One-On-One with Gov. Tom Wolf: Recapping Two Terms
HARRISBURG, Pa. (ErieNewsNow) - After two terms in office, Pennsylvania Governor Tom Wolf is reflecting on his years in public service. From an unprecedented health crisis and criticism over lockdowns, to historic budget surpluses and praise over fiscal responsibility- it's hard to find a dull moment during his time as governor.
ErieNewsNow State Capitol Correspondent, Brendan Scanland, sat down with the outgoing Democratic governor to recap his time leading the commonwealth in an ErieNewsNow three-part special interview.
Brendan: All right Governor, thank you so much for taking a few minutes to sit down and sort of recap these past eight years. We really appreciate it.
There’s so much that's happened over the last eight years. If you had to summarize your top three proudest accomplishments as governor, what would those top three accomplishments be?
Gov. Wolf: They're three broad categories of things that I'm really proud of. The first thing is integrity. The first thing I did was establish the gift ban, and the competitive bidding for legal contracts and a whole lot of other things. So, I'm very proud of the general honesty and integrity. Second thing is, I think we've done some really good things with good investments in making lives better for Pennsylvanians where they live, like in education. I ran to make education funding better, fairer, more adequate for Pennsylvania, and I think I have done that. And reduced the uninsured rate in Pennsylvania to its lowest ever. So those kinds of things, I'm very proud of, the policies that invested or have been really good for Pennsylvanians. And the final thing is that I think we've done this in a very competent way, fiscally responsible. So, when I got here, we had $230,000 in our budget reserve. We now have $5 billion. And we had a structural budget deficit of 2 to $3 billion each year. This budget has a $5.3 billion surplus baked into it, and we're running ahead of that as of the end of November.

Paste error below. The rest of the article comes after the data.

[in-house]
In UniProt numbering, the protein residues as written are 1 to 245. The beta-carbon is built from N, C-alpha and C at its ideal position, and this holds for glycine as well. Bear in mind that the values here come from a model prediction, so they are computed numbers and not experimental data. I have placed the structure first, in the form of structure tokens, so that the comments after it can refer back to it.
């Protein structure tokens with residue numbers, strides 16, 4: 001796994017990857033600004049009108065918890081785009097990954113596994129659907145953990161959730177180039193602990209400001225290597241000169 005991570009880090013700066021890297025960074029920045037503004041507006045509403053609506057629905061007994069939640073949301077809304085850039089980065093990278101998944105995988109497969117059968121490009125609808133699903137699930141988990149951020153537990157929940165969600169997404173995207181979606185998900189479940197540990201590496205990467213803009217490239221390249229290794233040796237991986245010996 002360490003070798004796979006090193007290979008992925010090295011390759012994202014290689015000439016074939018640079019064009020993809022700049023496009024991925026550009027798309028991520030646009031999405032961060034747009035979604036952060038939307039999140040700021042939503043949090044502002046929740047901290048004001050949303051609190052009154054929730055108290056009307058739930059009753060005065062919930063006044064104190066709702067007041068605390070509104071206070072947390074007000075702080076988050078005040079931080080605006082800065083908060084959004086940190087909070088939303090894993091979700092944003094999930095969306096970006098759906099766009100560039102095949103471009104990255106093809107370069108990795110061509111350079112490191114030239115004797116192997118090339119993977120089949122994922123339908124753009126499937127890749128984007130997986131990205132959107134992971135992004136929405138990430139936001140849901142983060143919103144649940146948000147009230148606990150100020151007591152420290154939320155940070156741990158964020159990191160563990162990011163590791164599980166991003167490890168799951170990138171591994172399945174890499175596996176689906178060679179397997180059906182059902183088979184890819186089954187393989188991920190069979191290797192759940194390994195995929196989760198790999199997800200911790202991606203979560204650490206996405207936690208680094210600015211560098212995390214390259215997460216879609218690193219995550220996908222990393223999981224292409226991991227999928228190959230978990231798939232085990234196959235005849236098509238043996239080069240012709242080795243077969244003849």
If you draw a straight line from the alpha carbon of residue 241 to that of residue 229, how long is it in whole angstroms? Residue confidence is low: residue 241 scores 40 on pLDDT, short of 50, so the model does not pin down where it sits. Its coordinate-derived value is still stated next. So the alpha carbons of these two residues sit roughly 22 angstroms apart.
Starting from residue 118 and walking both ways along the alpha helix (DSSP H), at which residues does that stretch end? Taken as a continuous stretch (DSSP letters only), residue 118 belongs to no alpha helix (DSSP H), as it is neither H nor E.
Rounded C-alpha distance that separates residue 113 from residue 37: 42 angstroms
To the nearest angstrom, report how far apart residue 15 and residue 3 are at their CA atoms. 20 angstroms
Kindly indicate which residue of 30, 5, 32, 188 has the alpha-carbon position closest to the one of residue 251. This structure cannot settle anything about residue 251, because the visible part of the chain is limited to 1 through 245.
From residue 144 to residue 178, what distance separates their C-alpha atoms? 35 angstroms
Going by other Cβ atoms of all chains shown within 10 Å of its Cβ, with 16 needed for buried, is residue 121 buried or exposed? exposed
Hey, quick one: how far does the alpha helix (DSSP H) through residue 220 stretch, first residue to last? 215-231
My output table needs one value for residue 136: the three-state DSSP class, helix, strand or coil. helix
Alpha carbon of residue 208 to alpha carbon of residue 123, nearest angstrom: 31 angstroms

Brendan: What would you say your single happiest and your single toughest moments would be in the last eight years?
Gov. Wolf: Well, toughest obviously, we went through COVID. I mean, that was that was really tough, painful for so many people all across the commonwealth. And it was just tough trying to do the right thing. I didn't want to play politics, I wanted to make sure that I was doing what I thought was best for the public health. But you just never know. And so, I tried, and that was tough. The happiest moments were the times when we, you know, got success with things like education and you could look kids in the eye and see that their teachers were actually teaching them with resources that they might not have had a few years ago. Those were the happy moments.
Brendan: You talk a little bit about the pandemic, obviously a major challenge for all of Pennsylvania. When you look at the different shutdowns and lockdowns, the impacts they had on small businesses, especially restaurants and on mental health in younger adults, teenagers, especially students. Did Pennsylvania go too far with its COVID response?
Gov. Wolf: I don't think so. I mean, that question will be asked, and should be asked as to whether we should have done things differently than we did. And I think every state, every country in the world is asking that of themselves right now. When you look at the performance in terms of were our health systems overwhelmed, they weren't. Did we actually provide support like $225 million for the health care industry to help them cope with the strains of this, those are things that I think we did right, or the things that we did or didn't do that we could have done, we actually had money that went into the restaurant industry recognizing the challenges that they faced. Was it enough? I don't know. In a perfect world, we wouldn't have gone through the pandemic, but we did. And what we had to do is figure out the best way to muddle through with what we had. And it was tough on everybody.
Brendan: Is there anything specifically that you think, looking back, could have, or maybe should have been done differently?
Gov. Wolf: I will be asking myself that for the rest of my life. I don't know. The things that we learned, where I learned that I maybe overstepped or made a mistake. There are plenty of people here to tell me that maybe you shouldn't be doing that, or should do something else. If we made a mistake in a public policy that actually was harmful in one area, tried to find the resources to actually address that directly. So, I tried to do this, what was best from balancing the competing needs of a public health crisis and the economic consequences of that public health crisis and without playing politics, tried to do the best I could.